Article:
How vulnerable is Germany to populist movements, such as those we've seen in the United States or the United Kingdom? Will the AFD (German right-wing populist party) have a lasting impact on Germany's political environment or is it just a temporary phenomenon?
Despite all of my concerns, I remain optimistic that the historically motivated skepticism in Germany towards extremist movements is particularly strong and will ensure such groups will not last.
You have noted that the style of parliamentary debates in Germany has changed. Could this be considered a cause for the falling voter turnout in elections?
There is no sound way of calculating the immediate impact of parliamentary debates on the electoral turnout—but they are sadly not the most popular TV-programs. But the notion that the Parliament's most important task is to be attractive ignores the true work of representing the people. And, as a matter of fact, electoral participation in Germany recently has been increasing. This indicates that our citizens value a representative democracy during unstable times and make use of it. I especially wish to encourage our young voters to make use of their voting rights. The youth should take a close look at the results of the 2016 UK referendum: more than 70% of British youths voted to remain in the EU! Similarly, Brexit would have never happened if two thirds of youths 16 to 24 years old had not decided to simply stay at home. This is a case of an entire generation underestimating its political influence.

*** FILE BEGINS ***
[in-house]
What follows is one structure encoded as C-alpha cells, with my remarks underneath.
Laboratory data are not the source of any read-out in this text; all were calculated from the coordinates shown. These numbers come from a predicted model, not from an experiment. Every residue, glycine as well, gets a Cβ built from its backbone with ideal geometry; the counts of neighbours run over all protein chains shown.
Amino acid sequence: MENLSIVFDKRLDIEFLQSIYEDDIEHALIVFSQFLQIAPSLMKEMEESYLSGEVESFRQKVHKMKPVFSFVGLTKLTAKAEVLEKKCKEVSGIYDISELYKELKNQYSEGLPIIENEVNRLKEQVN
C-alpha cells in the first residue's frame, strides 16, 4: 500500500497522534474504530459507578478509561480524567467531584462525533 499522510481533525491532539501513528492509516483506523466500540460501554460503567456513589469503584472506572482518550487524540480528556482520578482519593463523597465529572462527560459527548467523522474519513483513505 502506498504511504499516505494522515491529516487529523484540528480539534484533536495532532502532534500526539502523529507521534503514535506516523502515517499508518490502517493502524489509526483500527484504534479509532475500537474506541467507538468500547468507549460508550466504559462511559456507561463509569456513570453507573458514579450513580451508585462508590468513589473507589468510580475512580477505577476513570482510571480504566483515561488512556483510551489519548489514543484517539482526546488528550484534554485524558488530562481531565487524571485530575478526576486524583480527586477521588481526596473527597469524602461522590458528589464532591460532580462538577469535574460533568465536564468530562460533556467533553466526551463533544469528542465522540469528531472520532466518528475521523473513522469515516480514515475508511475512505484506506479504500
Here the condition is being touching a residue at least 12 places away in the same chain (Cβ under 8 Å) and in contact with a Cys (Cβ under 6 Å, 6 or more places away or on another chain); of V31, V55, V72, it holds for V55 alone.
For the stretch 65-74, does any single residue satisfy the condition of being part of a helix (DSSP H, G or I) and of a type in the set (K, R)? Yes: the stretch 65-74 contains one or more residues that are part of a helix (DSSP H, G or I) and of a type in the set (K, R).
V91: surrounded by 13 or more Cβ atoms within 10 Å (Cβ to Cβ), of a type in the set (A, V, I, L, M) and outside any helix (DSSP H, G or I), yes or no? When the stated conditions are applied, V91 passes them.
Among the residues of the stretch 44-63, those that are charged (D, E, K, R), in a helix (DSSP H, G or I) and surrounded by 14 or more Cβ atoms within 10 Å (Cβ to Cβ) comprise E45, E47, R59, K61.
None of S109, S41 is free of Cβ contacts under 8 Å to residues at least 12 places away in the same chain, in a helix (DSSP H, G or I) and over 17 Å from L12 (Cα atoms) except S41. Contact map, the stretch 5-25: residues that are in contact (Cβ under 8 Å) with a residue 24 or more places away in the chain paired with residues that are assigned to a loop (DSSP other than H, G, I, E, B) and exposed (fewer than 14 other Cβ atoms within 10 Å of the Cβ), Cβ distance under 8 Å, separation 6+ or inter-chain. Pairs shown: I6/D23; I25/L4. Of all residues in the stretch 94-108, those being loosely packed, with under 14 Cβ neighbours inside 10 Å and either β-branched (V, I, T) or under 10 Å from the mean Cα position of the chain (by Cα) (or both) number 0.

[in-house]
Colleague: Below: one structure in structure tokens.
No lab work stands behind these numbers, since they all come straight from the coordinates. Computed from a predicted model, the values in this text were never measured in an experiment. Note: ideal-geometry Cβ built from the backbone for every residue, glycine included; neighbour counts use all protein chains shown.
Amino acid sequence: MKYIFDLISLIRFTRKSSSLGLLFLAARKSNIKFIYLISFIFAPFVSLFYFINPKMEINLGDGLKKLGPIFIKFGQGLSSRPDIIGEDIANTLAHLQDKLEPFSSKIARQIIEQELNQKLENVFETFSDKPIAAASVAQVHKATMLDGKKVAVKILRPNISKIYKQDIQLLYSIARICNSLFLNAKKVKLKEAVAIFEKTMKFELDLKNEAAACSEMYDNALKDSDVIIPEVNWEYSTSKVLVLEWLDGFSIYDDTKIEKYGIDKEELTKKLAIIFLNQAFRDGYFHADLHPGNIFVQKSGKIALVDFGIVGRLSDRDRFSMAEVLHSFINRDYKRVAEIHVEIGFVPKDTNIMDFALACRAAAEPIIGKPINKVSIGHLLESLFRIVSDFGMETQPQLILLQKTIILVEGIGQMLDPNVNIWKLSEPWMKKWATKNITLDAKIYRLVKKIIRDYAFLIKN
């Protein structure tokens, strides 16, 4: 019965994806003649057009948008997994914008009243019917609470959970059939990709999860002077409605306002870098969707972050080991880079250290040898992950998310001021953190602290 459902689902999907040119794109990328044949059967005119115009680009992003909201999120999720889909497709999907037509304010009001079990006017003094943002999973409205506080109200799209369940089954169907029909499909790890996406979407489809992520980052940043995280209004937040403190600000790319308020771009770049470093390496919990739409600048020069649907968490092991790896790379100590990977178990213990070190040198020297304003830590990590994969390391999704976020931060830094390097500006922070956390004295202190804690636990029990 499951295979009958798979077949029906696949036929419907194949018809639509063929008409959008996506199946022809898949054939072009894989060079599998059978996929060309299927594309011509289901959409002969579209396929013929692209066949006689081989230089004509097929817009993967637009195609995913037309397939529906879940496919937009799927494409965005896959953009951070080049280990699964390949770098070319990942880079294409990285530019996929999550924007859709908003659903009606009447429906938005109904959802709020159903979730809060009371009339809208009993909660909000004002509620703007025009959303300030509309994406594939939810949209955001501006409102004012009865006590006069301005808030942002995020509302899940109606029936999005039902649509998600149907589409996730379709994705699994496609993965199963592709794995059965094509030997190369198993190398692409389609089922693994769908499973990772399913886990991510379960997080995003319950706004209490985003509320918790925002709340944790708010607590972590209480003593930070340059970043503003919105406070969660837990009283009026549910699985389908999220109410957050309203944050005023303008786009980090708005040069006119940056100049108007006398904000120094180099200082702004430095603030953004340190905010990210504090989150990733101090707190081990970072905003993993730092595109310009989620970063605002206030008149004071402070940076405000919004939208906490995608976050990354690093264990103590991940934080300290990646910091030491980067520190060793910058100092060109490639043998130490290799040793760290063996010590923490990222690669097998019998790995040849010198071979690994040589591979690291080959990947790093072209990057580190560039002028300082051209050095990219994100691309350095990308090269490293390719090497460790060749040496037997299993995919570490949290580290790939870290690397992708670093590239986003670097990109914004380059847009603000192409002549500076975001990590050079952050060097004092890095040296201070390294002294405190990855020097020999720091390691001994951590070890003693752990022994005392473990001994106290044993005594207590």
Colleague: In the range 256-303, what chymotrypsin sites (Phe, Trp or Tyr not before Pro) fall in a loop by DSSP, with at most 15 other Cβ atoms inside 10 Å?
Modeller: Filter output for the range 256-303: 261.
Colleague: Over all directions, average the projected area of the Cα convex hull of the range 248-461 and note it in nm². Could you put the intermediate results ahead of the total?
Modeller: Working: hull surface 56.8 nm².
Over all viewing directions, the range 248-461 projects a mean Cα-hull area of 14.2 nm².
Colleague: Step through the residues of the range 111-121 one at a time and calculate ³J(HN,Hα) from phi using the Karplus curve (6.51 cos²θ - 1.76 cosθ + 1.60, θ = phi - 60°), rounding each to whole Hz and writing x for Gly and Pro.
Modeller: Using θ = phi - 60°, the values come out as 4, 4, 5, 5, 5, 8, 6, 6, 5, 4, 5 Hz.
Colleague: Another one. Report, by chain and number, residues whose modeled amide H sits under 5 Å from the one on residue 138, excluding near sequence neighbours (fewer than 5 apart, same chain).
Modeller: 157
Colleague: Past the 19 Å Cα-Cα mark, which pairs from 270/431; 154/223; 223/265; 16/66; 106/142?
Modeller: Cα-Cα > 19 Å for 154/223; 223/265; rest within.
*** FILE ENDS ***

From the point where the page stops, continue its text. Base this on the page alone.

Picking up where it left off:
Do you believe that the use of social media bots and political data analysis can influence the results and the distribution of seats in the Bundestag in the long term?
We should not underestimate this phenomenon. Due to the introduction of new media, we more than ever need educated and well-informed users. That is why media competence is incredibly important in today’s society.
There is a picture of you and the Dalai Lama on your website. The caption reads: "It is not easy to change the world, but the attempt is worth it and sometimes it is overdue." Would you say that we have come to a point where change is overdue?
In politics, there cannot be such a thing as a standstill-point. A free society is constantly changing. The aim of politics is to recognize the issues that require action and to develop appropriate and popular solutions. However, in the political process there are always problems that are overdue to be resolved.
What do you think about the future of Germany, particularly in terms of its plight against climate change?